The Genetics of Taste: A Bitter Story

By February 11th, 2014 at 9:40 am | Comment

The Genetics of Taste citizen science project from the Denver Museum of Nature & Science set out to understand the link between genetics and TAS2R38 gene, responsible for the “bitter” taste receptor.

Come to your senses! SciStarter has curated a list of citizen science projects for all five senses.

Guest post by Michelle Murphy-Niedziela.

Don’t like brussels sprouts? Hate IPA beers? Prefer your cream with a bit of coffee? You might be a supertaster. So, what’s your super power as a supertaster?

tasteBeing a supertaster means that you have an increased taste sensitivity, particularly for bitter foods, due to the presence of the TAS2R38 gene and an increased number of fungiform papillae (or taste buds). Those taste buds have receptors that sense sweet, salty, bitter and sour. TAS2R38 is the gene responsible for a certain type of bitter taste receptor, sensitive to the bitter chemicals PROP and PTC. So more taste buds + more bitter receptors = SUPERTASTER!

The citizen science efforts from the community-based Genetics of Taste Lab at the Denver Museum of Nature & Science, led by curator Dr. Nicole Garneau, set out to replicate the academic data and prove that non-scientists can do genetics work.  By recruiting members of the community to participate, they collected 3000 samples, analyzed for age, gender and genetics.

After a rocky start while figuring out and learning the techniques, they completed the study in early August 2013 with 1800 genetic samples and 500 tongue photographs.  While they weren’t able to replicate all the findings found in academic labs (they did find differences in TAS2R38 expression in males versus females as well as age differences), they were not able to find a connection between the number of taste buds and genetics.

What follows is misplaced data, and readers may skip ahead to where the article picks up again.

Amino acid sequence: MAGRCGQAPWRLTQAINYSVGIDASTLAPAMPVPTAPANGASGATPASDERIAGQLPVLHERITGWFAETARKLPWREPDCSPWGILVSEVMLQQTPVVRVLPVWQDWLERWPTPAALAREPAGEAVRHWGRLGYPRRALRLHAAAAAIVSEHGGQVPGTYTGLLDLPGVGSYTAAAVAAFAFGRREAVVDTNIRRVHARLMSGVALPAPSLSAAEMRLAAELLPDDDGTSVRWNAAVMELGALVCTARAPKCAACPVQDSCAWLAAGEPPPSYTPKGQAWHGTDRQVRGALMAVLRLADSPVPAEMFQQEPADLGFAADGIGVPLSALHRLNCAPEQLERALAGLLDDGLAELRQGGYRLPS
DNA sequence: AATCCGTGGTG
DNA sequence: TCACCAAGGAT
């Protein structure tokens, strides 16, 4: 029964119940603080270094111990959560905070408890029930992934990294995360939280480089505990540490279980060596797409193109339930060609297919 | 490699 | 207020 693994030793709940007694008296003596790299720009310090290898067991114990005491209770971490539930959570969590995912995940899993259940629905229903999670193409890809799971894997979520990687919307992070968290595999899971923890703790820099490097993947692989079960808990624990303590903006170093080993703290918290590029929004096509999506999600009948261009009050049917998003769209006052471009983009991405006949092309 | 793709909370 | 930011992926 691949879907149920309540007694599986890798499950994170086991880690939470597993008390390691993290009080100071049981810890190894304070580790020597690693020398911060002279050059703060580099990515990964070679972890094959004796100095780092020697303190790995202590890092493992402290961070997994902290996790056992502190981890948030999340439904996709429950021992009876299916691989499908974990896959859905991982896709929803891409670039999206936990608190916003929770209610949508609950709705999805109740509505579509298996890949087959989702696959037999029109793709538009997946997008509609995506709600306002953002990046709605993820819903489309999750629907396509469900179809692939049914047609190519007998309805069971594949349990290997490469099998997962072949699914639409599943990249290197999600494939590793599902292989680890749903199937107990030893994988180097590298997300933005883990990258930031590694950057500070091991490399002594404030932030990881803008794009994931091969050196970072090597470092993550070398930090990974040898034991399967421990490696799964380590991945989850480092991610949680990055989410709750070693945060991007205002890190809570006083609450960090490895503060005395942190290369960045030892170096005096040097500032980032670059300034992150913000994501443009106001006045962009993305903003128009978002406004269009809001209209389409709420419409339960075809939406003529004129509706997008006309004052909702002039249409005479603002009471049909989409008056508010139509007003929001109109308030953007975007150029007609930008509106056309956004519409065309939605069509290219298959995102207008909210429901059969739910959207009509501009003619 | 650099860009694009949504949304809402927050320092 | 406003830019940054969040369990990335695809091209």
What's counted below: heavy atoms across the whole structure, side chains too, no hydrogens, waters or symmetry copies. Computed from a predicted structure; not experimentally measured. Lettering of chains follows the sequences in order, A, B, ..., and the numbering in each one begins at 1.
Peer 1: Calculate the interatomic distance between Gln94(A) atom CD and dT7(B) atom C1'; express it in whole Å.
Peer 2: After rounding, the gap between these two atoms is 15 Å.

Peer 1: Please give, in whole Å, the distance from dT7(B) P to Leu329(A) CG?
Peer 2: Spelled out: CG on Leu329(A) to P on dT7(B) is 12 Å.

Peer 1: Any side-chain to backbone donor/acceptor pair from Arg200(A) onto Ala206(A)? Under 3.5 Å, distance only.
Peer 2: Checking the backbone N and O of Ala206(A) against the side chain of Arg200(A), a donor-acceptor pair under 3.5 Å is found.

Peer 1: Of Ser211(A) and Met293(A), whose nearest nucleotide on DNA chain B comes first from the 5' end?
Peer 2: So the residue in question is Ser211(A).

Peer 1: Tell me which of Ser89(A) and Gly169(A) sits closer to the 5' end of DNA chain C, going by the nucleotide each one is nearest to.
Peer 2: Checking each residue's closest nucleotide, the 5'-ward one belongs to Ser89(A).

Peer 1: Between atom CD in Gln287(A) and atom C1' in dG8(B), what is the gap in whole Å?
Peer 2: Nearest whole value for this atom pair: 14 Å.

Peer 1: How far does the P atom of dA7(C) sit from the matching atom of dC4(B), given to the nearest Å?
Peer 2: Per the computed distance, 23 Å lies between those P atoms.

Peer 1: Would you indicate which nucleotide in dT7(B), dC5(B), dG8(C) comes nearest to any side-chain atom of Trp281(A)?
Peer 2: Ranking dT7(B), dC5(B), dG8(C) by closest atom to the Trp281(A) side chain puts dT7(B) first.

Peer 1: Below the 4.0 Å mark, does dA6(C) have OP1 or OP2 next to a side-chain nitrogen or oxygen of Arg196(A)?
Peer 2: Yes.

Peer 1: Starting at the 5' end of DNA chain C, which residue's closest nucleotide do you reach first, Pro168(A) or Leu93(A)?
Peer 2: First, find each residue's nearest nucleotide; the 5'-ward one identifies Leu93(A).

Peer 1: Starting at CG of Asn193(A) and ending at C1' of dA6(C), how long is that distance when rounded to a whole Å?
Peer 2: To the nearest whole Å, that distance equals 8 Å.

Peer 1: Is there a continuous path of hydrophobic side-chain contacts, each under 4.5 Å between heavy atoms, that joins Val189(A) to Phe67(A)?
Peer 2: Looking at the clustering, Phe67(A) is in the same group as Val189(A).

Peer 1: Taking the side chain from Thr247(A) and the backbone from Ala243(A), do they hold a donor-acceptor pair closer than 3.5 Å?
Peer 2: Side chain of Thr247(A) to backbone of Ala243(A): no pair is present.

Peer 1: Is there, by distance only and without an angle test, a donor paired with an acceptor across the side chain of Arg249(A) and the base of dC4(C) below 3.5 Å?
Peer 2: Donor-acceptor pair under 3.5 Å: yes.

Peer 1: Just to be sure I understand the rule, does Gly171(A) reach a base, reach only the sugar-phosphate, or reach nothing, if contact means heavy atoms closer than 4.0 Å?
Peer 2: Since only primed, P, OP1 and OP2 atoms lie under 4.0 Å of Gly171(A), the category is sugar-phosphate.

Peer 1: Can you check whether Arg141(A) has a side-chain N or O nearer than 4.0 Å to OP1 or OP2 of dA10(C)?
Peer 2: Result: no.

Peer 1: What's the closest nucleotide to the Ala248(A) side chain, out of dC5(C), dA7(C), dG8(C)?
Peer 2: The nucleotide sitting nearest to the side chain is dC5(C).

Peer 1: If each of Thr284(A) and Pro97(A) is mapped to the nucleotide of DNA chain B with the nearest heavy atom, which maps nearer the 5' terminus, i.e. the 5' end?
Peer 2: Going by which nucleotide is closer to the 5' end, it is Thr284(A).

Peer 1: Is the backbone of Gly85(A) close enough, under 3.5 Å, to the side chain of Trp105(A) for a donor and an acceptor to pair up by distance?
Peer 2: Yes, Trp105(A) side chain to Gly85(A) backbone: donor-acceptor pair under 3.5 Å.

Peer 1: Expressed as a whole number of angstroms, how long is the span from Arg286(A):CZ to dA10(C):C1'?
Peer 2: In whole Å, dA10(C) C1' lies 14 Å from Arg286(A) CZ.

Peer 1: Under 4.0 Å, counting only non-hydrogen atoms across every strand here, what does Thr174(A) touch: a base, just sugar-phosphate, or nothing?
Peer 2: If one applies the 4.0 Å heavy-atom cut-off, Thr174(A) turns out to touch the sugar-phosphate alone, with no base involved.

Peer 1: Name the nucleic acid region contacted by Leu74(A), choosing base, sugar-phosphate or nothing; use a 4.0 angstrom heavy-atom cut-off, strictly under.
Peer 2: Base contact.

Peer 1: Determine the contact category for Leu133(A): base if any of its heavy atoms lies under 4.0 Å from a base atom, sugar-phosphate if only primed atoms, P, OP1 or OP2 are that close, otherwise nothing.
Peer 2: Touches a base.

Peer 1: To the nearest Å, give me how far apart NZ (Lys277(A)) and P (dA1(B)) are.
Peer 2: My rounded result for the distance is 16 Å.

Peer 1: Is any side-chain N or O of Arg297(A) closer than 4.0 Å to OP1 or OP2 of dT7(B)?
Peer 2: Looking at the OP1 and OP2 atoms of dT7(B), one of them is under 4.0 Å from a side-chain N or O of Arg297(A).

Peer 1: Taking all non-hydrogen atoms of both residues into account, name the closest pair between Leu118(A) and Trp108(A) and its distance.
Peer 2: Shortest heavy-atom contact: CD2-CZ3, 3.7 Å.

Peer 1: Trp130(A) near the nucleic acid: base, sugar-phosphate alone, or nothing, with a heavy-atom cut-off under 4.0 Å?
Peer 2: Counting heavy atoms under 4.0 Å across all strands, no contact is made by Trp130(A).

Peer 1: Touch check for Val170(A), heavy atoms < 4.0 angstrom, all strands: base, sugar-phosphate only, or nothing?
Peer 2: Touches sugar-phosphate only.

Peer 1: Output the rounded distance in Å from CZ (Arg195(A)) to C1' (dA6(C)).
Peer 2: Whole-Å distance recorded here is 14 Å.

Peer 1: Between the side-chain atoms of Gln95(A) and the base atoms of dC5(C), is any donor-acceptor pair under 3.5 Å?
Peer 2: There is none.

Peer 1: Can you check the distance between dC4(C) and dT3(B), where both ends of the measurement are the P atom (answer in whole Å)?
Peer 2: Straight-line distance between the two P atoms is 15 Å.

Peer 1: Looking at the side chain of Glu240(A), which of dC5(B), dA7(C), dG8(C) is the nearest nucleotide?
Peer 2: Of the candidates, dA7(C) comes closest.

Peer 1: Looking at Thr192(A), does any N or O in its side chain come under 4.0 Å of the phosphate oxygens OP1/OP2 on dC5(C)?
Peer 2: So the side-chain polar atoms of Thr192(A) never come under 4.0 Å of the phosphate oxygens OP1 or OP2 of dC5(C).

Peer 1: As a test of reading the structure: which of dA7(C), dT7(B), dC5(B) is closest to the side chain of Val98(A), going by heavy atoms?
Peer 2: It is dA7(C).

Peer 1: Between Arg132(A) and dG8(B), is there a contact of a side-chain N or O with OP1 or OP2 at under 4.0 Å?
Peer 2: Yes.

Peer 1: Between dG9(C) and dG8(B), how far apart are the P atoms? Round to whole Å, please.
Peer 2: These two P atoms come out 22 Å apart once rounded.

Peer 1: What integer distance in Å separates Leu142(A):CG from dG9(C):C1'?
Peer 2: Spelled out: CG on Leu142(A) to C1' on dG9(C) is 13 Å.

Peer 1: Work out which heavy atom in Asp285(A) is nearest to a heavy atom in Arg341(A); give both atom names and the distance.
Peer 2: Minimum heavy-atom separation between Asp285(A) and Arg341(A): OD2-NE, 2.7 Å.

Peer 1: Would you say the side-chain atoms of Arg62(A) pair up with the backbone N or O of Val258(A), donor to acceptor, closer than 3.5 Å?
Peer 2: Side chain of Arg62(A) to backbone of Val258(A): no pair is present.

Separate from Garneau’s study, scientists studying taste genetics have found that supertasters may have better control of their appetite and may avoid sweet and fatty foods leading to better health and a less occurrence of metabolic syndrome and obesity (Shafaie et al., 2013; Turner-McGrievy et al., 2013).  Further, supertaster patients are less likely to need surgical intervention for chronic rhinosinusitis (Adappa et al., 2013). Women are more likely to be supertasters, 35% of women and 15% of men (Bartoshuk et al., 1994). It turns out, about 25% of people are supertasters; 25% are non-tasters; and the other 50% are somewhere in the middle (medium tasters carry only one copy of the TAS2R38 gene, so fewer of those special bitter receptors and fewer taste buds than supertasters). But have no fear, being a supertaster or nontaster represents normal variation in the human population like eye or hair color.

Garneau and her team will be presenting their work at the Association for Chemoreception Sciences (AChemS) and have even submitted their work for publication in the academic journal Frontiers in Neuroscience.

Want to find out if you are a taster or a non taster? Here are two more fun things you can do at home.

1. Count your taste buds – Dye your tongue using blue food coloring and count the number of bumps on your tongue, compare with your friends!

2. Taste test at home – Order PTC or PROP taste strips online (can be found on Amazon); place them on your tongue; and tell us the results! If you taste nothing, then you are a non-taster. If you taste bitter, then you are a taster!

Image: The Creative Panic


Dr. Michelle Murphy Niedziela is a behavioral neuroscience expert in neuropsychology, psychology and consumer science with a focus on flavor and fragrance technologies. Michelle obtained a PhD and masters in neuroscience and biopsychology from Purdue University and a BS in psychology from Florida State University. In the past she’s worked at Johnson & Johnson, Mars Chocolate and is now a neuromarketing Scientific Director at HCD Research. In her spare time, Michelle enjoys cooking, blogging and traveling. Follow her on Twitter @nerdoscientism and her blog.

Leave a Reply